Republish AyeScotland but nae mair abuse
A good few months ago I was contacted out of the blue and asked to become an editor of the AyeScotland Facebook page(Formally Yes2).
Basically, the folk behind the page liked autonomyscotland and they wanted me to post our articles there. They said it might improve my reach. That, it turns out, was a bit of an understatement. The AyeScotland Facebook page regularly reaches more than a million people each week. It has sometimes reached 3 million.
Since taking them up on the offer the traffic to this wee blog has at least doubled.
It isn’t just me who has benefited from being involved with the page. Other, more well-known pro indy voices, gain more exposure than they otherwise would by the existence of the page. Wee Ginger Dug, Scot Goes Pop, Indy Live, Common Spaces and Business for Scotland all regularly publish work there. As such the page has a lot of interesting content and it avoids a lot of the click bait rubbish that you find on many other social media sites.
Aside from being a rich source of content Aye Scotland has also been a campaigning hub. Due to its massive reach, the page has been important in arranging and promoting events and rallies. Going forward it would have been a key place to disperse information and organise people in any second indyref campaign.
Sadly though, last week the AyeScotland page disappeared.
I first noticed when I went to post last week’s Brain Quail speech. I didn’t pay much attention at first as these things sometimes happen with technology. However, days passed and it was still down. Then I saw some gossip floating about on other pages insinuating that Aye Scotland may be gone for good.
Weirdly, although I had been contributing to the page for months I had never actually spoken to anyone involved with it. They just trusted me to post my stuff. They never once editorialised, deleted anything I posted or asked me to tone anything down when I was being provocative.
I thought it was refreshing that complete strangers would trust me to do whatever I wanted. I think this was one of the reasons the page did so well. They let people with different voices and styles do whatever they wanted. That attitude is completely within the spirit of the 2014 movement.
This working relationship was fine while the page was up and running. It was only after the page went down that I did what I had not done until that point, I reached out and contacted the admin, John McHarg.
When I got a hold of John he was upset.
Turns out he has been getting hassle and abuse for months from small sections of the independence movement. The abuse has been causing stress which built up to such a level that John decided to close the page. When we spoke he was conflicted as to whether it was worth continuing with his hard work in the face of such maltreatment.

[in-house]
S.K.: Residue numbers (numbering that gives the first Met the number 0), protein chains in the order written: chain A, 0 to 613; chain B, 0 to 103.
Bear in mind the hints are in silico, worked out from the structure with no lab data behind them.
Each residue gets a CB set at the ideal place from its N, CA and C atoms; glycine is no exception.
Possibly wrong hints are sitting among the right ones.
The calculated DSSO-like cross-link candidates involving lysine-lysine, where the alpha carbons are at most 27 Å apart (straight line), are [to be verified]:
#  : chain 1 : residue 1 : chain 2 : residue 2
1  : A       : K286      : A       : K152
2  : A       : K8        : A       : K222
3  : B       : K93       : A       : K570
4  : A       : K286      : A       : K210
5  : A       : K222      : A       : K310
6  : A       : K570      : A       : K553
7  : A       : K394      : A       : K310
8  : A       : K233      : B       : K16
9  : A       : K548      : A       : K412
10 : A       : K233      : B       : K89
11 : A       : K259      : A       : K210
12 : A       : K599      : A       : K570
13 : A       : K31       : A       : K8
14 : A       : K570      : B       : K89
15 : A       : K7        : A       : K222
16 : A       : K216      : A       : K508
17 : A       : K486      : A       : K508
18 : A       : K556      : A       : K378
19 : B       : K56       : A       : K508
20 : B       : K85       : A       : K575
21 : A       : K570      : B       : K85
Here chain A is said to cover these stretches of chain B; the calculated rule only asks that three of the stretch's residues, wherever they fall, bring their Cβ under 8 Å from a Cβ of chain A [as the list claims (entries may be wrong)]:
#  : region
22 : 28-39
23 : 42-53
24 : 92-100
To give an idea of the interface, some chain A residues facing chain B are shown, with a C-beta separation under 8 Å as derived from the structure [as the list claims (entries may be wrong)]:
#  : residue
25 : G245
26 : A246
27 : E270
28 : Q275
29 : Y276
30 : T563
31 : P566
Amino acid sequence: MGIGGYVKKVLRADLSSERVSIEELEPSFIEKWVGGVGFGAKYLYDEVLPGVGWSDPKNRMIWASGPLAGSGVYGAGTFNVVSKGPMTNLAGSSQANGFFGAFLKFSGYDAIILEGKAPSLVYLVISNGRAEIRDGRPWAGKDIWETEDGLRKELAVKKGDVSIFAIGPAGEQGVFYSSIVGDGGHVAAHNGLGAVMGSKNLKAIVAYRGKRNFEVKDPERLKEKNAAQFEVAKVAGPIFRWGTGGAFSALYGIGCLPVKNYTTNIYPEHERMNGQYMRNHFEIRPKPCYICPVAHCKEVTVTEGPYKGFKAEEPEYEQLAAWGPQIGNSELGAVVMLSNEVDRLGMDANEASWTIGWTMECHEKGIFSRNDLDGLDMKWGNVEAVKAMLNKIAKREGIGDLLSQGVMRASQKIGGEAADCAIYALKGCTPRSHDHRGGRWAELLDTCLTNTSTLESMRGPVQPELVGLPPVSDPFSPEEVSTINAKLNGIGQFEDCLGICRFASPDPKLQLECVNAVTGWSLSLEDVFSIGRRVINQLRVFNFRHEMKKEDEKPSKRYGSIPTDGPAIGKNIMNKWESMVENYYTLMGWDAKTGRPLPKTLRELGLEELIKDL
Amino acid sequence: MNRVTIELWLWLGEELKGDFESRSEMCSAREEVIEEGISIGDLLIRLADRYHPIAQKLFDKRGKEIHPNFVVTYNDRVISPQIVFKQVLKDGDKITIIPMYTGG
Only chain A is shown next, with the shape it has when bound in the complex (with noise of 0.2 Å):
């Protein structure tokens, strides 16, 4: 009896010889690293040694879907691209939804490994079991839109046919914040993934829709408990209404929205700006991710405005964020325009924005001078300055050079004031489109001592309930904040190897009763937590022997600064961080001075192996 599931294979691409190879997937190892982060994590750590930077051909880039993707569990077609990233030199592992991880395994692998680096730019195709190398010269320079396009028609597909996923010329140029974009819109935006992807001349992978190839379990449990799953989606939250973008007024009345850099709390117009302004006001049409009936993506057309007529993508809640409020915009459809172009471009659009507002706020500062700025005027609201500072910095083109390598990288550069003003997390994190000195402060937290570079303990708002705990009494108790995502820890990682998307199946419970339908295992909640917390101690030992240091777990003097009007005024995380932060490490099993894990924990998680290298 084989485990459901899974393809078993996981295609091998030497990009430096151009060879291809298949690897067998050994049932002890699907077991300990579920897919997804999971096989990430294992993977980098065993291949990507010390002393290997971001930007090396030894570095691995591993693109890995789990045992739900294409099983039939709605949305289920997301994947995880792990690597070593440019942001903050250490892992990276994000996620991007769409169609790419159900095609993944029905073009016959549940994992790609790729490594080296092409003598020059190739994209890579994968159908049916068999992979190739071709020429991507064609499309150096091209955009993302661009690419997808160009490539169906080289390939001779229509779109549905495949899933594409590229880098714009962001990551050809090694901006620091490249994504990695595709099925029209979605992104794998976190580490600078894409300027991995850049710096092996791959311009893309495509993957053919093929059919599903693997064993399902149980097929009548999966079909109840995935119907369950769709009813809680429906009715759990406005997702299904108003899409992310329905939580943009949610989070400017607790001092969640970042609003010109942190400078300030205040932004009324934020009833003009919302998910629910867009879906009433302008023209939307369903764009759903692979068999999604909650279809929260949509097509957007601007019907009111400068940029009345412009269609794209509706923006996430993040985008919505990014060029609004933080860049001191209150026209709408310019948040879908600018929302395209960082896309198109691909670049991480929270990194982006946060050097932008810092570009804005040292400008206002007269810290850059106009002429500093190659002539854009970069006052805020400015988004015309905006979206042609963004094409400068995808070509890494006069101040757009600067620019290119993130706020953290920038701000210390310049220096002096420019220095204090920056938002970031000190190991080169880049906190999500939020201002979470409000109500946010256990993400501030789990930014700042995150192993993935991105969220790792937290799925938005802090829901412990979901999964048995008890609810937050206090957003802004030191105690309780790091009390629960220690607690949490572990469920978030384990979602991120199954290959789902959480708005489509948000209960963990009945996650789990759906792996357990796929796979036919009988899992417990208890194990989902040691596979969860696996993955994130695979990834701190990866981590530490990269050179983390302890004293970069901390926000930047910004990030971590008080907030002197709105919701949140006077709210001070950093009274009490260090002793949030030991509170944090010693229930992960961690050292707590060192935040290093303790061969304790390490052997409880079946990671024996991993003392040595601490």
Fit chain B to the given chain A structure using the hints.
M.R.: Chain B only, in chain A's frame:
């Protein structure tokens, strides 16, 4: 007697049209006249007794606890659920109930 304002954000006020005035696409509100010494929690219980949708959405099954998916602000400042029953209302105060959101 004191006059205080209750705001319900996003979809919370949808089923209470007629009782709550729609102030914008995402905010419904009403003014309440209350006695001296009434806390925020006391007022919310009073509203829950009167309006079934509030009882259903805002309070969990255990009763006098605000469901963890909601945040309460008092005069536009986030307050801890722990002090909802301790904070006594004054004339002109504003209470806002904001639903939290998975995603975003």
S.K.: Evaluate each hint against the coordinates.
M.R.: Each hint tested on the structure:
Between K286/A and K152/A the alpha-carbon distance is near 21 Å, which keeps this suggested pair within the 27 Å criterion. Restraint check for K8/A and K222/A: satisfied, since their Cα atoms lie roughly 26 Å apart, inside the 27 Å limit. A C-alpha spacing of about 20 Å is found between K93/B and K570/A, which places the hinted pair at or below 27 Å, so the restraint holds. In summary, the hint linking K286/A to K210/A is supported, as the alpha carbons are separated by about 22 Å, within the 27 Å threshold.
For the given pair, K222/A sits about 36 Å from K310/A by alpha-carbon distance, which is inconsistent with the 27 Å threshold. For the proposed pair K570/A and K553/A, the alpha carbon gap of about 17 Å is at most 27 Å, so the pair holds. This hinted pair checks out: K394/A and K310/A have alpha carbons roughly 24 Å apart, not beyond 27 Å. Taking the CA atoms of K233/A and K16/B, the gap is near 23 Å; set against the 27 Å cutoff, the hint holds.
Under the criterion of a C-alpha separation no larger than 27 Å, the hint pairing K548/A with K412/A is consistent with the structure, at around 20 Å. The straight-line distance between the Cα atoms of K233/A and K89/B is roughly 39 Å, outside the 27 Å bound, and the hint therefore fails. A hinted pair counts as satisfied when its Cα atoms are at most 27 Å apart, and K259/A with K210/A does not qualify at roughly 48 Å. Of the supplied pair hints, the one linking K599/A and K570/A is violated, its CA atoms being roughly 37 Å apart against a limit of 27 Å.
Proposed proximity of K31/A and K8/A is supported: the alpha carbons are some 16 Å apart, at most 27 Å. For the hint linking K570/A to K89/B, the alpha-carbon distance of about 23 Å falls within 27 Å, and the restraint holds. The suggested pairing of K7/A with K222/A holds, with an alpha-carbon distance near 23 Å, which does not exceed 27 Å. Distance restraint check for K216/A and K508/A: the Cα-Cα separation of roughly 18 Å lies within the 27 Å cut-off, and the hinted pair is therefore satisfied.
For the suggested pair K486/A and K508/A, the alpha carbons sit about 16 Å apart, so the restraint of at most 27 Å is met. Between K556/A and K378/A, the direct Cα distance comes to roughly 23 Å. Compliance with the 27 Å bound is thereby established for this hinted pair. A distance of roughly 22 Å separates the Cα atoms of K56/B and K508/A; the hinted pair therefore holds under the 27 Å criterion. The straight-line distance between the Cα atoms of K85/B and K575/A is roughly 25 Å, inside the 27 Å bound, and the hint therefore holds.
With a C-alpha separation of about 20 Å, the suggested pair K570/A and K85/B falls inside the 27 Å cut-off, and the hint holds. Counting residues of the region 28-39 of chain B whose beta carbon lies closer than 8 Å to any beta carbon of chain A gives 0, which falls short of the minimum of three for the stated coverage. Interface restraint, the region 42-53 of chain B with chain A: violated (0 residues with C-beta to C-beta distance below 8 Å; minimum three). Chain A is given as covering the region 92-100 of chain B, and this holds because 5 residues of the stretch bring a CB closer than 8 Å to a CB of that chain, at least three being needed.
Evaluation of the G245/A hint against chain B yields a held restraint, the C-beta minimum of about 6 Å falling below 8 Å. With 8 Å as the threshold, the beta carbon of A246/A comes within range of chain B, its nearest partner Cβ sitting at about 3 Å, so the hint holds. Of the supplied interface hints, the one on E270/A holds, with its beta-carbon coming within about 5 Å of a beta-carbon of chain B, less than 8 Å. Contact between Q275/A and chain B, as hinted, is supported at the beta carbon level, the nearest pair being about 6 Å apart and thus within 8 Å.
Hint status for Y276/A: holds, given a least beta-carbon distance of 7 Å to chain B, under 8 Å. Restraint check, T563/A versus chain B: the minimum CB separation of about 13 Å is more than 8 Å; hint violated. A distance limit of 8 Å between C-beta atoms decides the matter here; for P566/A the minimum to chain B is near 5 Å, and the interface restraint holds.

Now, it should be noted that I don’t know the full story of AyeScotland. Certainly, I know that in the past there have been fallings out and disagreements between those who originally ran the page resulting in acrimony and changes in the admin team. I don’t know enough about that to comment. I do know that this isn’t uncommon in any organisation.
However, from what I have seen, the bulk of the abuse John has been getting has come from people from other parts of the independence movement. It is vindictive, petty and based on wild unsubstantiated rumours. It emanates from people who seem to be willing to angrily threaten others based on allegations with not a shred of evidence behind them. Allegations, that are either ludicrous conspiracy theories(The admin of Yes2 is a unionist traitor who controls elements of Glasgow police), or inconsequential.
Honestly, reading through some of the social media rants about John is reminiscent of the behaviour I saw when I went to see the Crucible at the Theatre Royal a few weeks ago. Fanatics frothing themselves into a hysteria over outlandish claims.
I know this type of behaviour just comes from a minority of people who haven’t quite graduated from the social conventions of the primary school playground. That said, I can see why it would be draining to be subjected to it over a sustained period.
From what I have seen, I have no reason to think that John is anything other than a normal human who has done more than most to further the cause of Scottish independence. Like most of us, he has no doubt made some mistakes, but he has indisputably given countless hours of his time to create one of the movement’s most important assets. An asset that we are in danger of losing due to some people not being able to engage in civil discourse.
My experience of John and Aye Scotland has only been positive. However, even if my experience of John wasn’t positive, even if I had seen some sort of evidence he wasn’t an honourable person, I would never abuse him
Going forward, I’m hoping the wider Yes movement will back me in supporting John and Aye Scotland, and I hope we can convince him to reinstate the page.
In my opinion, he is one of the movement’s unsung heroes. Let’s stand together and agree that nobody who has worked so hard for our shared goal deserves to receive abuse from others who claim to want the same thing. Let’s get behind John and let’s get the page up and running again.
Not only because it is right to stand up to abuse wherever we see it, but because losing the page will be a big loss to the future reach and influence of our movement.
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